How Testers Test versus How Users Use

With the emphasis on SDETs and generic Engineering teams, I've seen a growing disparity in how products are being tested versus how users actually use a product. Because it is often very easy to crank out more test cases (especially ones which just iterate on existing tests), testers often lose focus of what is actually important to a customer.

When looking at your automation ask yourself these questions:

  • Are my tests focused on the functionality which users care the most about? Figure out what matters the most to users. If users spend 80% of their time in one area of your product, that is where 80% of your testing should be as well.
  • How much time (both development-time and execution-time) is invested in edge/corner cases versus actual user scenarios? A finely-tuned unit-test suite is a great thing to have, but is not a substitute for actually testing the software. It is just too easy to spend more time adding variations and more test cases that don't offer any additional benefit.
  • Does the automation correctly hit all the same code paths under the same environmental situations? If your automation is relying too heavily on internal hooks at lower levels, it might not be exercising the software the way a user will be. Any deviation will reduce the effectiveness of the tests.
  • Are test cases executing in a "pristine" state? Often tests are run on a clean system, after a fresh install, utilizing perfectly scripted steps over clean data. Users don't work like that. Run tests under a heavily loaded system. Intermix test scenarios to mimic the user moving chaotically through the software. Use real-world data sets. Then on top of all that, throw in some task-switches, network fluctuations, etc.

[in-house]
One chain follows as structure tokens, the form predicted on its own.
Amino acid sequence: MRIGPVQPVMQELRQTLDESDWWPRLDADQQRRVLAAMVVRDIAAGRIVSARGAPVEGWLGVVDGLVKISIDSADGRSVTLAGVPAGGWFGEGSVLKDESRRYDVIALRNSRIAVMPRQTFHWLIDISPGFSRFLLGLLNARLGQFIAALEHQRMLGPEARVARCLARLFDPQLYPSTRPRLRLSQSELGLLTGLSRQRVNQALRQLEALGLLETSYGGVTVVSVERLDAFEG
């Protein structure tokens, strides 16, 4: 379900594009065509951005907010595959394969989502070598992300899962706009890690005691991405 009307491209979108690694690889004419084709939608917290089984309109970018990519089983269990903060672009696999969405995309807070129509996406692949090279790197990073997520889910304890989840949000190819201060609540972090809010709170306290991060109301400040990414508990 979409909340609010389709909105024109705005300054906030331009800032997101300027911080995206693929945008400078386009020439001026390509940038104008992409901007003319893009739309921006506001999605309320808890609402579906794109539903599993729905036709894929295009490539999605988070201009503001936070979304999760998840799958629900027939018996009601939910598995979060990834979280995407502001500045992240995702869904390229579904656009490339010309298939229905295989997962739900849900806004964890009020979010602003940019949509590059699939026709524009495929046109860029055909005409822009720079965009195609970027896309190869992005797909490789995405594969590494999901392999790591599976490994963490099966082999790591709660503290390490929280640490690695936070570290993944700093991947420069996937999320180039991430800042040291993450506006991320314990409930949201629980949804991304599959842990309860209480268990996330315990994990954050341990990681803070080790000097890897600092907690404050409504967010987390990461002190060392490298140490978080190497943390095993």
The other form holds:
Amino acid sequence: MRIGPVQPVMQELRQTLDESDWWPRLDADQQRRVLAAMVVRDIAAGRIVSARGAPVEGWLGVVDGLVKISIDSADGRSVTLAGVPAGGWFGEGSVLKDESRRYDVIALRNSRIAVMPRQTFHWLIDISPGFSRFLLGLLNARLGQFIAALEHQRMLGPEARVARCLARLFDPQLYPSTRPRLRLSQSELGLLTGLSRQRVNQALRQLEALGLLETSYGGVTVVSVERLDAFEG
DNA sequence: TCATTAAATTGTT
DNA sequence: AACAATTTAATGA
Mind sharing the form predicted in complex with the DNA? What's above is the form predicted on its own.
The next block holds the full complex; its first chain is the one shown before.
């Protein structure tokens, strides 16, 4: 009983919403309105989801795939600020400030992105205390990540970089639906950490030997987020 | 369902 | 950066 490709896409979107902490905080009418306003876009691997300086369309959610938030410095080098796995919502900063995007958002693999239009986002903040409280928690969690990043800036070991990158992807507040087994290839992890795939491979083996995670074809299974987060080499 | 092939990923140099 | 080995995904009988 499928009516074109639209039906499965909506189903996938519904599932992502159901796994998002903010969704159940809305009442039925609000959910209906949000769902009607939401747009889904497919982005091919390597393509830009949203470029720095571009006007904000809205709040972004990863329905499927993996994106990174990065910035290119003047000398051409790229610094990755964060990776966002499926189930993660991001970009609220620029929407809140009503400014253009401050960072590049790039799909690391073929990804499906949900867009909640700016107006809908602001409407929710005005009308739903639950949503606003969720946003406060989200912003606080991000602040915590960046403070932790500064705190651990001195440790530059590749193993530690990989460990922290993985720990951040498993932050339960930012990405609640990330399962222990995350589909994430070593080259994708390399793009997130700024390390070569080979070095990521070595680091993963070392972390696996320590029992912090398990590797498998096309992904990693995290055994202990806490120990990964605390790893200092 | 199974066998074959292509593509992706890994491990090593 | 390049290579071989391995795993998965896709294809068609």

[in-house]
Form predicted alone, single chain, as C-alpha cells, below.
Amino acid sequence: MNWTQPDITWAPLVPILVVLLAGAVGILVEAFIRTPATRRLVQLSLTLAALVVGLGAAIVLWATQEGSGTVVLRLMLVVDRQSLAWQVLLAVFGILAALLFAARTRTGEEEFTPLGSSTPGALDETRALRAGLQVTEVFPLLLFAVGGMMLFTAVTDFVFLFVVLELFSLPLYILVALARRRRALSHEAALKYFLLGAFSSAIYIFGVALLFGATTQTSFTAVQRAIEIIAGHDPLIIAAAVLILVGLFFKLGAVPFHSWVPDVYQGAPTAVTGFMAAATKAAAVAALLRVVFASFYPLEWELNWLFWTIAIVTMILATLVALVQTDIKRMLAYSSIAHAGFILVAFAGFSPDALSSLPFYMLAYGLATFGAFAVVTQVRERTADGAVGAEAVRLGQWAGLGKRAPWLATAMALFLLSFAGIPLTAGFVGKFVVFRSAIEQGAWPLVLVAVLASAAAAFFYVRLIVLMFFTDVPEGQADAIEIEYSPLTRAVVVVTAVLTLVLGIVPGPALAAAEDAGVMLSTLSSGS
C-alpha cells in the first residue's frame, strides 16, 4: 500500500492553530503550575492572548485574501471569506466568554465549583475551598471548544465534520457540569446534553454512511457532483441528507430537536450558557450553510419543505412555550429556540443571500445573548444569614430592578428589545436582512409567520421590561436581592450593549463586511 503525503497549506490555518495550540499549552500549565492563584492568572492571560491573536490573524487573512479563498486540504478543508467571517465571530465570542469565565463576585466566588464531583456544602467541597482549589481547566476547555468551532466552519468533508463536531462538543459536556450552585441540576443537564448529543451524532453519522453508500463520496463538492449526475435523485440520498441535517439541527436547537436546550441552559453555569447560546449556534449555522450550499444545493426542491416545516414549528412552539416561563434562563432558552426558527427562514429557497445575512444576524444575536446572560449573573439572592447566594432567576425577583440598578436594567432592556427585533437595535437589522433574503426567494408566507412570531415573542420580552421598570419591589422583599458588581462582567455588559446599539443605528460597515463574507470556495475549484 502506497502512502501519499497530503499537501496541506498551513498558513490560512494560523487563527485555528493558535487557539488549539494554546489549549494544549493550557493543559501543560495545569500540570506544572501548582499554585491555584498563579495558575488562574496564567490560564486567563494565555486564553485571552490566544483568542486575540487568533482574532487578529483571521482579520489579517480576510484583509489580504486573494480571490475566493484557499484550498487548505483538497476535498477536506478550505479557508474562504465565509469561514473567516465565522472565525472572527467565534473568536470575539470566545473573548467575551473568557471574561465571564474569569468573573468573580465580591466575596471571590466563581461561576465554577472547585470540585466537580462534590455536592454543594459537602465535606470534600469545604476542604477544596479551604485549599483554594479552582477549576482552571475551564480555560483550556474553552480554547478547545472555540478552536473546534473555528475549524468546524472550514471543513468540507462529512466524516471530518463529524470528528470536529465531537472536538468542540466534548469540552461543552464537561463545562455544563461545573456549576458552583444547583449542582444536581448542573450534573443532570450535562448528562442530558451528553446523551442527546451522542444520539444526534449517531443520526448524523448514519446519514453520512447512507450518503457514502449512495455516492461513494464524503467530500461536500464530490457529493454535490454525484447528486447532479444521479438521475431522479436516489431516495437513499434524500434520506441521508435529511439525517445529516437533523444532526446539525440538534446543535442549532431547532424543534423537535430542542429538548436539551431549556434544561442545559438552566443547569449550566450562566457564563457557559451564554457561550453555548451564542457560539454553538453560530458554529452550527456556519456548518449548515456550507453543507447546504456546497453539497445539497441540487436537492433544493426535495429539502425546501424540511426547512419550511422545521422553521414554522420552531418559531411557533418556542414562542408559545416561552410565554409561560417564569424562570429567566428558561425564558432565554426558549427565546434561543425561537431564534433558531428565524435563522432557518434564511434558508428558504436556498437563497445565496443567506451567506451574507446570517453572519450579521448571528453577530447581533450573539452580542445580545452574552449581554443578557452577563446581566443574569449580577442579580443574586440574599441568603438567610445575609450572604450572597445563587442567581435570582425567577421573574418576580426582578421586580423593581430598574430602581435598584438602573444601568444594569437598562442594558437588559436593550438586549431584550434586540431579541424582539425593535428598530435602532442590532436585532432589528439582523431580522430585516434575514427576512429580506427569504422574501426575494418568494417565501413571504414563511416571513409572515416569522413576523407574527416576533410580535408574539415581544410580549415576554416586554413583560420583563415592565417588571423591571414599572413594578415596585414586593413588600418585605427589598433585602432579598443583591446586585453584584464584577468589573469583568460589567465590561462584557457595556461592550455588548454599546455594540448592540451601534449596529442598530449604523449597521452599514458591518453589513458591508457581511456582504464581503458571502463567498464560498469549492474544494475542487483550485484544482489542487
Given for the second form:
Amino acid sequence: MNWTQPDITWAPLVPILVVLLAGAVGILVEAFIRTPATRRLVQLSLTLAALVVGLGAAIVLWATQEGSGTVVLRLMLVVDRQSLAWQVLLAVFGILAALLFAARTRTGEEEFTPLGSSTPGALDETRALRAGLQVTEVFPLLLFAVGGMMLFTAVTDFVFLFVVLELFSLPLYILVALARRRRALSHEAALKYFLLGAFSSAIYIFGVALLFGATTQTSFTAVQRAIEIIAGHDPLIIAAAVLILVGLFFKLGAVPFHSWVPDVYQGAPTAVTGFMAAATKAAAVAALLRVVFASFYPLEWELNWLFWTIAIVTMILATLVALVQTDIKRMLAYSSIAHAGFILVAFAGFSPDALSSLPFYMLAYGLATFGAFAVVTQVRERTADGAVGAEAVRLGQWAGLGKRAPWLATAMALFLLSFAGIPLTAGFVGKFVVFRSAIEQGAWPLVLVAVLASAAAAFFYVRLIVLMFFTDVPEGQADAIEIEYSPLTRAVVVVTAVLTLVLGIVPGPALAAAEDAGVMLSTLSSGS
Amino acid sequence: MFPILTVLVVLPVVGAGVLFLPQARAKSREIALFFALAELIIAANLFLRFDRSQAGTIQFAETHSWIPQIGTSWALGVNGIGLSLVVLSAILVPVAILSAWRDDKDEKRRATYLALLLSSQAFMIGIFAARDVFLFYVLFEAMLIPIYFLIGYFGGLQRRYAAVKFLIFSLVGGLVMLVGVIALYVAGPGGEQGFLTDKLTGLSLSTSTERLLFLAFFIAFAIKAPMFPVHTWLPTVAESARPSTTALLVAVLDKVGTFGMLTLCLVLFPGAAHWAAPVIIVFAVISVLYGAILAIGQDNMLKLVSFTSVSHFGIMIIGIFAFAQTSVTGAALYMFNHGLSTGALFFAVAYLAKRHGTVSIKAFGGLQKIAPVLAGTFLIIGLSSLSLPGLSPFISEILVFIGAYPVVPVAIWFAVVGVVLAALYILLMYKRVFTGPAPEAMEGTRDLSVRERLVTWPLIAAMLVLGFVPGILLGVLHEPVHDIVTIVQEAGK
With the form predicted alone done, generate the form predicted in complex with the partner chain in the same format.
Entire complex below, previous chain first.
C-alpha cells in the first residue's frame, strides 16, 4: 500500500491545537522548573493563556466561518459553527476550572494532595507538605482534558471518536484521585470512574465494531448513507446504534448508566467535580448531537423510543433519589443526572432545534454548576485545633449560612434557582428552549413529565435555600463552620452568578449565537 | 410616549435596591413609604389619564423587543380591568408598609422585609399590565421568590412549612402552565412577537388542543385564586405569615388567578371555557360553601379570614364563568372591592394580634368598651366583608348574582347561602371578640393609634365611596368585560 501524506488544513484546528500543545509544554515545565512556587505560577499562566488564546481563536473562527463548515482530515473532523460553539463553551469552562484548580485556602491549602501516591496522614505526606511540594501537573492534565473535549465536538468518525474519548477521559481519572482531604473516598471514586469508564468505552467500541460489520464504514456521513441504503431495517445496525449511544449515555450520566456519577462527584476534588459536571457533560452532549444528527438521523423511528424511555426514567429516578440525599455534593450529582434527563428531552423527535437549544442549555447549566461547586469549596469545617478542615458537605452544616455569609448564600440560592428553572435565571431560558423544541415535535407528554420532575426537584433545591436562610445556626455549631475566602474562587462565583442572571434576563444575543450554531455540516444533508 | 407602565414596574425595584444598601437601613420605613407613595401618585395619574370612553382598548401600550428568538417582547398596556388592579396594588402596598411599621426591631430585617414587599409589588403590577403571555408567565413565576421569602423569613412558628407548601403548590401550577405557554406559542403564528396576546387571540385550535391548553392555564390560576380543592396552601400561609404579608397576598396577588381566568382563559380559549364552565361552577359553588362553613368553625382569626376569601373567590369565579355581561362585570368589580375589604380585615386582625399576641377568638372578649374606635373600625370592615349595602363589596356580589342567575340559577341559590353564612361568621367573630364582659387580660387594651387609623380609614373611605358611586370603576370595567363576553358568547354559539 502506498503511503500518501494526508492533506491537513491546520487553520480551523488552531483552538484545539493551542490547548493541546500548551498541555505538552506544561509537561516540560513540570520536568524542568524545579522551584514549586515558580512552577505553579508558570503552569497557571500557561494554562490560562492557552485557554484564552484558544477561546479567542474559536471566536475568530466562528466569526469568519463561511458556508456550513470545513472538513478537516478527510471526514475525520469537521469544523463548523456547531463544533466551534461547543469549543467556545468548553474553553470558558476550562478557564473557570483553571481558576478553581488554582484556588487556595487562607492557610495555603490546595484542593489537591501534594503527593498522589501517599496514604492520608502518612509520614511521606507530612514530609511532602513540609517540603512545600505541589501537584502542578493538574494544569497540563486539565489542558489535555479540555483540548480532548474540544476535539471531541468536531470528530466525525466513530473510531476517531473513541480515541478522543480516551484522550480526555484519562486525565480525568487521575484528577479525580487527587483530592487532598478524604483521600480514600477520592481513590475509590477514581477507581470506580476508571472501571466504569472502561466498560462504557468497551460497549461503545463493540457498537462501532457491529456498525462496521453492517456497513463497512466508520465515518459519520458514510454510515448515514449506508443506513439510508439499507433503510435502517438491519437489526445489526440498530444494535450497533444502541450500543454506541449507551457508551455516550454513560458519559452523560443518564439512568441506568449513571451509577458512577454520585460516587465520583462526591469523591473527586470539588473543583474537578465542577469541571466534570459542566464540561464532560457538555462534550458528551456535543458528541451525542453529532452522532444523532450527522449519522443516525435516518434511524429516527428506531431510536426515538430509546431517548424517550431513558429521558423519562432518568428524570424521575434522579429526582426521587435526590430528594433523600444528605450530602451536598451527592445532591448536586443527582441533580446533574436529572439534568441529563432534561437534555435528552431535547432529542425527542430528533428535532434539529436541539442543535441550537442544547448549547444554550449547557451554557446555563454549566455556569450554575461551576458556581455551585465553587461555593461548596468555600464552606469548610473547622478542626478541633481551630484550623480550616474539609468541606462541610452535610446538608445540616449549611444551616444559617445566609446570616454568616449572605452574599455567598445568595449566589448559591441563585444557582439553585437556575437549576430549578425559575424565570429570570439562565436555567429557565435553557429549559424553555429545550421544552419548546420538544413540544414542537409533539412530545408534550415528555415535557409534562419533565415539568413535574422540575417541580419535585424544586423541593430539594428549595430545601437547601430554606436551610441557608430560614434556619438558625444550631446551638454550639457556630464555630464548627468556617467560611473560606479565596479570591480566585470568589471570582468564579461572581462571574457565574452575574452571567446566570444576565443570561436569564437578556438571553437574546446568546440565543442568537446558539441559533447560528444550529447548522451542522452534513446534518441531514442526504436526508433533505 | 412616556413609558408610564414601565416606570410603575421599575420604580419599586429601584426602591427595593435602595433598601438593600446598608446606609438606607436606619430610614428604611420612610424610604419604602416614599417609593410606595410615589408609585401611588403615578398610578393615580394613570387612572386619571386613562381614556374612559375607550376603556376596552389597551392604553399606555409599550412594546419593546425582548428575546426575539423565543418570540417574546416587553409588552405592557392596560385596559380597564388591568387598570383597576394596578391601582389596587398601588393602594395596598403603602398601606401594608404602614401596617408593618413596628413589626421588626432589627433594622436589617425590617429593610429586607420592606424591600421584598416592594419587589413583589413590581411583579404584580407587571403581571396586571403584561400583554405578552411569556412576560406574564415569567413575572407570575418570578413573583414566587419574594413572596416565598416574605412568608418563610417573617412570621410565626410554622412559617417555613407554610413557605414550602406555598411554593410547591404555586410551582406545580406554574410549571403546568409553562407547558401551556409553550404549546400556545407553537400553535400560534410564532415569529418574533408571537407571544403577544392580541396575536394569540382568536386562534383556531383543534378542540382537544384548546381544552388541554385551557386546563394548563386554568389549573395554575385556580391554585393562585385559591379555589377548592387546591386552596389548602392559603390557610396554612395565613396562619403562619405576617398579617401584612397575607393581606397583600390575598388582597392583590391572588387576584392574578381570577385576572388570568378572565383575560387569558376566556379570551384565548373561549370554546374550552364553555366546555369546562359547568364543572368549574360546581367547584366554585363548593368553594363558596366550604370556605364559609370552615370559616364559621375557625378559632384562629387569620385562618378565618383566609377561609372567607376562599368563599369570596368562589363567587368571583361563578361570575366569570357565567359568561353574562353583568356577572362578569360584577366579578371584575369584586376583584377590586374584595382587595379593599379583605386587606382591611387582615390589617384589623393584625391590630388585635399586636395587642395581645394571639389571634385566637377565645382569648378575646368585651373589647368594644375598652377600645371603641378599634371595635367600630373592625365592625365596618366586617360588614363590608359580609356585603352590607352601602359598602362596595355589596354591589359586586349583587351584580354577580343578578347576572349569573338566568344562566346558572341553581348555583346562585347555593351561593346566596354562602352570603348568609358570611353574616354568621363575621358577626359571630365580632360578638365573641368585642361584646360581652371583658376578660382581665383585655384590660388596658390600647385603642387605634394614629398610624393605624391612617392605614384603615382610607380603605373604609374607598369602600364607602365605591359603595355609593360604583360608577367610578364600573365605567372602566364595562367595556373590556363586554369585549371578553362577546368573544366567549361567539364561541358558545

To make customers happy, you need a way to quantify how Customerized your tests are. If the "how testers test the product" circle fully overlaps the "how a customer uses the product" circle, then your tests are highly Customerized, and you will have a better chance at satisfying your customers.

Comments (2)

  1. Kevin says:

    we need to study the customer its behaviours and real working situation, so how to collect the hunders and thousands of customer environments with it pristine state?

  2. Josh Poley says:

    Correct, studying the customer is very important. Traditionally things like surveys, site visits, user studies, etc provide the first round of data, and then are supplemented with data collection features within your product. Additionally people are turning to dedicated tools which you may ask volunteers to install and run. For example, the File System team occasionally asks people across Microsoft to run a tool which collects information about properties of their hard drives (file sizes, numbers within a directory, how deep sub directories go, etc). For another example, just prior to the Xbox Live launch we sent beta users an Xbox application which we asked them to run when they weren't actively using their Xbox, and it continuously collected network QOS statistics between them and our servers. Testing Xbox Live from Redmond is a drastically different picture than what a customer sees when attempting to connect through a small-town ISP on the other side of the country, having this data was invaluable to providing a good user experience.

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